Brief summaries of the human and animal carcinogenicity information on PCE are presented below.

2.1 Cancer Studies in Humans

    The cancer epidemiology data in humans exposed to PCE have been extensively reviewed by ATSDR (1997), IARC (1995a, b), CAEPA (1992), USEPA (1985). Twenty-five epidemiological studies published between 1981 and 2003 were also reviewed by WHO (2006) (see Appendix A for a summary table of the studies including relative risk values). Epidemiological studies have reported possible associations between exposures to PCE and cancer of esophagus, kidney, bladder and urinary tract, cervix, non-Hodgkin’s lymphoma, multiple myeloma, liver, pancreas, larynx and lung. The cancer studies showed fairly consistent positive, although typically not statistically significant, associations between exposure to PCE and esophageal and cervical cancer and non-Hodgkin’s lymphoma. IARC noted that, “These associations appear unlikely to be due to chance, although confounding cannot be excluded and the total cohort studies combined are relatively small” (IARC (1995b), as cited in WHO (2006)).

    None of the epidemiological studies provide data adequate for quantitative risk assessment. As in many epidemiological studies they are confounded by exposure to other chemicals, limited individual exposure data, and other factors that preclude the derivation of quantitative potency estimates.

2.2 Cancer Studies in Animals

    The carcinogenicity of PCE has been evaluated in several animal bioassays. The three studies that provide good dose-response data for carcinogenic potency assessment of PCE are summarized briefly below. These include bioassays by the US National Cancer Institute (NCI, 1977), the US National Toxicology Program (NTP, 1986), and the Japan Bioassay Research Centre (JISA, 1993). In these studies, ingestion and inhalation

     Page 2

    exposure pathways were assessed using 2 or 3 dose groups (in addition to concurrent controls) in males and females of two strains of mice and one strain of rats. Statistically positive results were observed in each study with the predominant and consistent responses being tumors of the liver in mice and mononuclear cell leukemia (MCL) in rats. Less significant elevations of tumor rates at other sites were also observed in one or more of the bioassays. These studies are briefly discussed in the following paragraphs.

2.2.1 Mouse Oral Study (NCI, 1977)

     In the National Cancer Institute study (NCI, 1977), B6C3Fmice were administered PCE 1

    in corn oil by gavage, 5 days/week for 78 weeks with an additional 12 week observation period. Mice were 25 days old at initial treatment. The administered doses of PCE were 536 and 1,072 mg/kg for male mice and 386 and 722 mg/kg for female mice. A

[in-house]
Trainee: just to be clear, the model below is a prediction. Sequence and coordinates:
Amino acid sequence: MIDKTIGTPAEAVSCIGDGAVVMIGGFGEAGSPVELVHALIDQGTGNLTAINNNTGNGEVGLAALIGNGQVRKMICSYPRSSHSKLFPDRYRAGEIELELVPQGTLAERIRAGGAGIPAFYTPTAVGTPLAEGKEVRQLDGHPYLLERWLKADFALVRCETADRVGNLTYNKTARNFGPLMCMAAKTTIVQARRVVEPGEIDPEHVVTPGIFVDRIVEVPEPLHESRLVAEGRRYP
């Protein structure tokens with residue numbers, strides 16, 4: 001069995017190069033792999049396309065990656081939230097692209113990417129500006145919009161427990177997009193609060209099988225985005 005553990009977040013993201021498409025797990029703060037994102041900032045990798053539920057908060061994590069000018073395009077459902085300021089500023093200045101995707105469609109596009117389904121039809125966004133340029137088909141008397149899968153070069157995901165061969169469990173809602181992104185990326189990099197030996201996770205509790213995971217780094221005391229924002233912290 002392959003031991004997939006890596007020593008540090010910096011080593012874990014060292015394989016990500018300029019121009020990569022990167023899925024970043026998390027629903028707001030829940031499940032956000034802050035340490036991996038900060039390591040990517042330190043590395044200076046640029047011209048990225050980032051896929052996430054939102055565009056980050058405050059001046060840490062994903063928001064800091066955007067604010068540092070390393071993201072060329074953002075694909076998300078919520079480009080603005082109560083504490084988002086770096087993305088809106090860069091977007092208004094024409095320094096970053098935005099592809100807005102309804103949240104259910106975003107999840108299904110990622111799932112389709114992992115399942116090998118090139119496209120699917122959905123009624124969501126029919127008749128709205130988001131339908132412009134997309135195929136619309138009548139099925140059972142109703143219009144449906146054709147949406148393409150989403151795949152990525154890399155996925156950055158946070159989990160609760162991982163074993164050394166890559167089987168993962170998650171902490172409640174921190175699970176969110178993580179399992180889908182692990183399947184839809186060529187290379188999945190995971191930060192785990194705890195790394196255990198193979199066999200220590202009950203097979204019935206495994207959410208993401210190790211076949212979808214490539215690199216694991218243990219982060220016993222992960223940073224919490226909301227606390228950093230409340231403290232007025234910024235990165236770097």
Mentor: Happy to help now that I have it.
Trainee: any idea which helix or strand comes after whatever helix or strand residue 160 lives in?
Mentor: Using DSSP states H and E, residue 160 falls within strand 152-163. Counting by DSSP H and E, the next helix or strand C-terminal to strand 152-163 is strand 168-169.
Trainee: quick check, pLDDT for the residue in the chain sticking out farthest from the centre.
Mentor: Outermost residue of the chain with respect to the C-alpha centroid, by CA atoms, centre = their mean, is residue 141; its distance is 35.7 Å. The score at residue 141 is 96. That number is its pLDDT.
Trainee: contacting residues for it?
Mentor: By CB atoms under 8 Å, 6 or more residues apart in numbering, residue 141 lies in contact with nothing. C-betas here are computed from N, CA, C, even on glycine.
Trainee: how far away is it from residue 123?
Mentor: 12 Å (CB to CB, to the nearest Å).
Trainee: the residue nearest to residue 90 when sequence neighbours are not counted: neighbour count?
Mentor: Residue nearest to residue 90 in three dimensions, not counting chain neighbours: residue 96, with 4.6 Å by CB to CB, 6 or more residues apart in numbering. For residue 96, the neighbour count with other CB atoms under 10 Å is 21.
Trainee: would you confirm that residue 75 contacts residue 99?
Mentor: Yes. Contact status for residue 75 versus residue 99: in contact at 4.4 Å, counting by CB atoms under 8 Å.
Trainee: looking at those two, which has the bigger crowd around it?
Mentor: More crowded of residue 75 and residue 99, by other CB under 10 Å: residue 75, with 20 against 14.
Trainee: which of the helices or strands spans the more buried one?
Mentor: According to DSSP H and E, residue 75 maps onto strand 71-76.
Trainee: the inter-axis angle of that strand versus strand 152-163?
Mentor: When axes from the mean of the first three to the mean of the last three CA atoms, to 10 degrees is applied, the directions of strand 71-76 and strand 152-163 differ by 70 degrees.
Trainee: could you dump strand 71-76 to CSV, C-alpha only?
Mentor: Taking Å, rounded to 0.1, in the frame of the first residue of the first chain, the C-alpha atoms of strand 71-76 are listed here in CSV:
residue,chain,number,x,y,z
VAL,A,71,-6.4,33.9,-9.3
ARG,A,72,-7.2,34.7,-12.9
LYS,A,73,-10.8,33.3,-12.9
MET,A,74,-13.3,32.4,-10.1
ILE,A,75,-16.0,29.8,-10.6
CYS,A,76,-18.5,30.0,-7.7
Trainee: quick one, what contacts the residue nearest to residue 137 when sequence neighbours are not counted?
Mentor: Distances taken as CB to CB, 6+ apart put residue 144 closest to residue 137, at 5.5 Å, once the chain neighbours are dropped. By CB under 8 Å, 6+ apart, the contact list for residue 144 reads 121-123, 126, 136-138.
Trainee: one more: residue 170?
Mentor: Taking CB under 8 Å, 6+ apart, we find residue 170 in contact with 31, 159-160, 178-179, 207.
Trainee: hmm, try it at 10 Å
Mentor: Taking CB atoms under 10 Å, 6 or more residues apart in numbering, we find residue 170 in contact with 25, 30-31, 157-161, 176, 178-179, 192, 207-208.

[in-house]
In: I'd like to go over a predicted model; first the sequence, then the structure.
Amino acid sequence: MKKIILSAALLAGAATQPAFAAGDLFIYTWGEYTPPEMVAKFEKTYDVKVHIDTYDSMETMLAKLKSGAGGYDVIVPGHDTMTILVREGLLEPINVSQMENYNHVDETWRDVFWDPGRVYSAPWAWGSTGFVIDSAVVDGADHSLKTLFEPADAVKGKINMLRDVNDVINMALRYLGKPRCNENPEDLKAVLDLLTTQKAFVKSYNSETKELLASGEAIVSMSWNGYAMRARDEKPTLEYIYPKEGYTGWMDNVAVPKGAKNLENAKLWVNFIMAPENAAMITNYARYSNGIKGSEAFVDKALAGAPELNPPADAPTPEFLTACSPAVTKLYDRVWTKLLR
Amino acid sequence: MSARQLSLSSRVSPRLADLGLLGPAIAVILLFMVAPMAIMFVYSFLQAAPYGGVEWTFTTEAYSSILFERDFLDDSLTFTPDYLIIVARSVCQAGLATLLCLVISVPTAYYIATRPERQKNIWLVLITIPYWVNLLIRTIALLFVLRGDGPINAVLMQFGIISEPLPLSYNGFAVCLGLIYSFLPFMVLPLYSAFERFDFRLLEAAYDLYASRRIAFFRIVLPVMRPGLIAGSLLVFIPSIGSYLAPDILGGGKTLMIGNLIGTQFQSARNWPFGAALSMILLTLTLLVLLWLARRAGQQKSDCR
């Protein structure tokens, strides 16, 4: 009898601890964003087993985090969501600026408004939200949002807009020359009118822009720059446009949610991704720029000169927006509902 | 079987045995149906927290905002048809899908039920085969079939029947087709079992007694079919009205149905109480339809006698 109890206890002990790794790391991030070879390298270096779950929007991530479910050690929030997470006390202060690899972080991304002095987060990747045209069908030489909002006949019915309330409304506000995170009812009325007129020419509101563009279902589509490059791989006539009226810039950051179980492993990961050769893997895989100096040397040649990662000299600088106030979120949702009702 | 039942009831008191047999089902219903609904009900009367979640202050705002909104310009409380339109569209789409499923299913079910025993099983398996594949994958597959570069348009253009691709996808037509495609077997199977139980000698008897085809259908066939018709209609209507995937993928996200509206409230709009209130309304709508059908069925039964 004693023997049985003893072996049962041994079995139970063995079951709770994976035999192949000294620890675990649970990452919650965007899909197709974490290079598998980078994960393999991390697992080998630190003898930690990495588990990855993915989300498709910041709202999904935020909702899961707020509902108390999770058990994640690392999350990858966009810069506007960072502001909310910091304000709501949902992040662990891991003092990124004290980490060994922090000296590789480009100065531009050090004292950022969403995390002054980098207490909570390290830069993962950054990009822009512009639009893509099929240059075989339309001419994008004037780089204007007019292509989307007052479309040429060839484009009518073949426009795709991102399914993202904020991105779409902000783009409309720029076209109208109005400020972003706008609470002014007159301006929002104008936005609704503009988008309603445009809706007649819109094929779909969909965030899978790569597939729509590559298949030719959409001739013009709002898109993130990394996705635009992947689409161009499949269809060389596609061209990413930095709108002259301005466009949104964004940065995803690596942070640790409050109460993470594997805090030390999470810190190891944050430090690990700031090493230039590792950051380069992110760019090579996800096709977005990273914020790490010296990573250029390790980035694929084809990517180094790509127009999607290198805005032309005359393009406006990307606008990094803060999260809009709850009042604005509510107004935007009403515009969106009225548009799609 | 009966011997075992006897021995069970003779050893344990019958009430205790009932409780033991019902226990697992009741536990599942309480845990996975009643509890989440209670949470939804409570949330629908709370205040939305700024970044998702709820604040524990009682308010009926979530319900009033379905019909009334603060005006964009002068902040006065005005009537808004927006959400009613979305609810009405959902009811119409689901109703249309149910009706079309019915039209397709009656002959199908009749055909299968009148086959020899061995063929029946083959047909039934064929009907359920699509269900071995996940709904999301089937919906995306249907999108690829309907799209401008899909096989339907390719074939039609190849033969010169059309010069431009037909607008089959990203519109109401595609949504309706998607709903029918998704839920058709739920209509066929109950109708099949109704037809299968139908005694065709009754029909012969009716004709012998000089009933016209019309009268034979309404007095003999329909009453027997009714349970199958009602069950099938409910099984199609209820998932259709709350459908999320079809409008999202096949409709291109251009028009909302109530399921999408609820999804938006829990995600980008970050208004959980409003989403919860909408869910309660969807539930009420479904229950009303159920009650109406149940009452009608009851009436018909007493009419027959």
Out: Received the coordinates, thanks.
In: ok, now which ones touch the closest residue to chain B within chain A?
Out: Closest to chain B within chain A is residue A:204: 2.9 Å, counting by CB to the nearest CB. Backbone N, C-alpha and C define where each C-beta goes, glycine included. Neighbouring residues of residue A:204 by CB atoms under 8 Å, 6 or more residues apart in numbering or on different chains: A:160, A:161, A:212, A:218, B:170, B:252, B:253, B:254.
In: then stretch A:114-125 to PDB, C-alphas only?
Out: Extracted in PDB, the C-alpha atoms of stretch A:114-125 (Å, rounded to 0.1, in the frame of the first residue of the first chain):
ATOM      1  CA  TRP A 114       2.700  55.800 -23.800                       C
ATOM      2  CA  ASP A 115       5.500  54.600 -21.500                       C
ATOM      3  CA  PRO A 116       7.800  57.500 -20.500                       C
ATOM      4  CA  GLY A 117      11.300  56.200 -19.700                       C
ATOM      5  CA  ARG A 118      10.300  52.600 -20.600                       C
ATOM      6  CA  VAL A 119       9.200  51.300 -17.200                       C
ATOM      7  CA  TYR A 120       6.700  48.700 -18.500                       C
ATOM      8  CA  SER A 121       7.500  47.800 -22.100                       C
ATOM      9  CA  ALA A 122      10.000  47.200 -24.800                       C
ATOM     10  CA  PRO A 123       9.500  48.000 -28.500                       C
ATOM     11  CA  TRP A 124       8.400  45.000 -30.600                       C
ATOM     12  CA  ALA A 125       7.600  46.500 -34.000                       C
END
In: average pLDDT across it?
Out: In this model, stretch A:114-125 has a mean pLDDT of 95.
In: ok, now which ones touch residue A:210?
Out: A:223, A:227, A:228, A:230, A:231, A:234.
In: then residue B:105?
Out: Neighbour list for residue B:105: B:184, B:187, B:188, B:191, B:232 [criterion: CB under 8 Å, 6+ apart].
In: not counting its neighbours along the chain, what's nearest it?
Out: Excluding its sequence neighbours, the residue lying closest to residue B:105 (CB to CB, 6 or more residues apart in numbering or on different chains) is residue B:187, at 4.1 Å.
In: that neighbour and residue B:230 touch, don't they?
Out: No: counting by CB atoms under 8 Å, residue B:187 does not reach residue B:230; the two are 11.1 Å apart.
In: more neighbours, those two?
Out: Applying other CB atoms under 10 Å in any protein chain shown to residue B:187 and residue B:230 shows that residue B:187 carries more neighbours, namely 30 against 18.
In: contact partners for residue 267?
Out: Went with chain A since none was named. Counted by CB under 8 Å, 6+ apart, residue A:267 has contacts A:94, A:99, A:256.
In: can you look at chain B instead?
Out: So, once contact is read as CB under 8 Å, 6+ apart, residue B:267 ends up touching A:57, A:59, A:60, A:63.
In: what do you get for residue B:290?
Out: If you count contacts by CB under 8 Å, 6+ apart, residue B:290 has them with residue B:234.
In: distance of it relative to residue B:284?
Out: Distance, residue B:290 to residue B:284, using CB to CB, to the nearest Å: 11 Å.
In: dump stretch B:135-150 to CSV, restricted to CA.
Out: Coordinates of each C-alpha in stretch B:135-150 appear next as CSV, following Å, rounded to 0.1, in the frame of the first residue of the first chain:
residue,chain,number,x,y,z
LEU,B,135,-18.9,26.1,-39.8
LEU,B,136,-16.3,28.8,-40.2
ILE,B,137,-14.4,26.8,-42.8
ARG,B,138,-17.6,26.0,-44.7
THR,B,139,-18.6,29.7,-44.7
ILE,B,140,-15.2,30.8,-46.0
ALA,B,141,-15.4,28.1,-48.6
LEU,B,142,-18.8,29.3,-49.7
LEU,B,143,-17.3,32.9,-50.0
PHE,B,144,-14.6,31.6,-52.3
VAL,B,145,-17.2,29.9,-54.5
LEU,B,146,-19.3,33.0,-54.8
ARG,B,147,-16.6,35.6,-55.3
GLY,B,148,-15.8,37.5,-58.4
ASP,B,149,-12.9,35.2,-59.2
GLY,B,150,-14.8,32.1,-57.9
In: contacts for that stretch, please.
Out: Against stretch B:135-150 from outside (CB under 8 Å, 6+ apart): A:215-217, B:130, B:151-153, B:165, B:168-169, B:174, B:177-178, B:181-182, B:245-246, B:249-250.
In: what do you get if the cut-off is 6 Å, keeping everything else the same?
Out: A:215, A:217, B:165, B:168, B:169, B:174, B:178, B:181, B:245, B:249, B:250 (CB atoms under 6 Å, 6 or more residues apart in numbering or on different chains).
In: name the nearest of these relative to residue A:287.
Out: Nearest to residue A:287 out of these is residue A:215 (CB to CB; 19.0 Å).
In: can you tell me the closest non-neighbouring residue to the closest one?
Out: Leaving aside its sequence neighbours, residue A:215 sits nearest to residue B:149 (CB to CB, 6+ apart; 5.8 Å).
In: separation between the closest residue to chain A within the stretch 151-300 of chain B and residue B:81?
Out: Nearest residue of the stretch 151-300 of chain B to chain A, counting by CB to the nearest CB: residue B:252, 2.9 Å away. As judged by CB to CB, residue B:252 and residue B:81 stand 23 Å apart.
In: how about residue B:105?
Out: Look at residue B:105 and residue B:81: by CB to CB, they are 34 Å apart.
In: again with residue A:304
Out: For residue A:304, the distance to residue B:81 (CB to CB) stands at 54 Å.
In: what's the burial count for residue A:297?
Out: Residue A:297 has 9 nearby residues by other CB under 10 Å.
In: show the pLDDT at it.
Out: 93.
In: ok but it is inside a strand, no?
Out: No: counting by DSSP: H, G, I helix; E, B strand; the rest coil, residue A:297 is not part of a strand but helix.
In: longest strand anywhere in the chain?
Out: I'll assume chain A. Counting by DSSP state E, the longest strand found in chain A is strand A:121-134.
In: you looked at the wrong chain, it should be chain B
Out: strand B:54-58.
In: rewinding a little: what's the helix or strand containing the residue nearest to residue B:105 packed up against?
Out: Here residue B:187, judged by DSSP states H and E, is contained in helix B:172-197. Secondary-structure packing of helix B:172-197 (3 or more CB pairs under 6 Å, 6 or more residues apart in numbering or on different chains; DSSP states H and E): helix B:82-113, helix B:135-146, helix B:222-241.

statistically significant increase (P<0.001, Fisher Exact test) in hepatocellular carcinoma was observed in both males and females (See Appendix C, Table C-1). The

    NCI concluded that under the conditions of this study, PCE was a liver carcinogen to B6C3F mice of both sexes. Interpretation of this data is complicated by the fact that 1

    epichlorohydrin (ECH), which itself is a direct acting alkylating agent and mutagen that has been demonstrated to be weakly tumorigenic in mice, was apparently used as a stabilizer. However, an analysis by the NCI concluded that ECH at the concentrations likely to have been present was unlikely to have contributed significantly to the observed tumor responses (NCI, 1977).

2.2.2 Rat Oral Study (NCI, 1977)

    Male and female Osborne-Mendel rats were treated with 471mg/kg-d or 941mg/kg-d, and 474 mg/kg-d or 949 mg/kg-d PCE, respectively, by gavage in corn oil (78 weeks with an additional 32 week observation period). Early mortality occurred in all groups of rats dosed with PCE. Half of the high-dose males had died by week 44 and half of the high-dose females died by week 66. The survival time of control animals ranged from 88 to 102 weeks. The NCI determined that there was a statistically significant association (p<0.001) between increased dosage of PCE and increased mortality. The early mortality observed in rats, and its statistical association with PCE dose, indicate that the maximum tolerated dose was exceeded in this experiment. Because optimum dosages were not used and because significant early mortality occurred, firm conclusions regarding the carcinogenicity of PCE in rats are not possible from this study.

2.2.3 Mouse Inhalation Study (NTP, 1986)

B6C3F mice were exposed to 99.9 percent pure PCE by inhalation, 6 hours/day, 5 l

    days/week for 103 weeks at concentrations of 0, 100, or 200 ppm (NTP, 1986). Hepatocellular adenoma and hepatocellular carcinoma in males and hepatocellular carcinomas in females were observed. The incidences of hepatocellular carcinoma

    compared to controls were significantly increased (P<0.01, Fisher Exact test) for mid- and high-dose males and females (See Figure 1 and Appendix D, Table D-1). The NTP determined that there was “clear evidence of carcinogenicity” of PCE for both sexes of B6C3F mice in this study. 1

     Page 3

Report this document

For any questions or suggestions please email
cust-service@docsford.com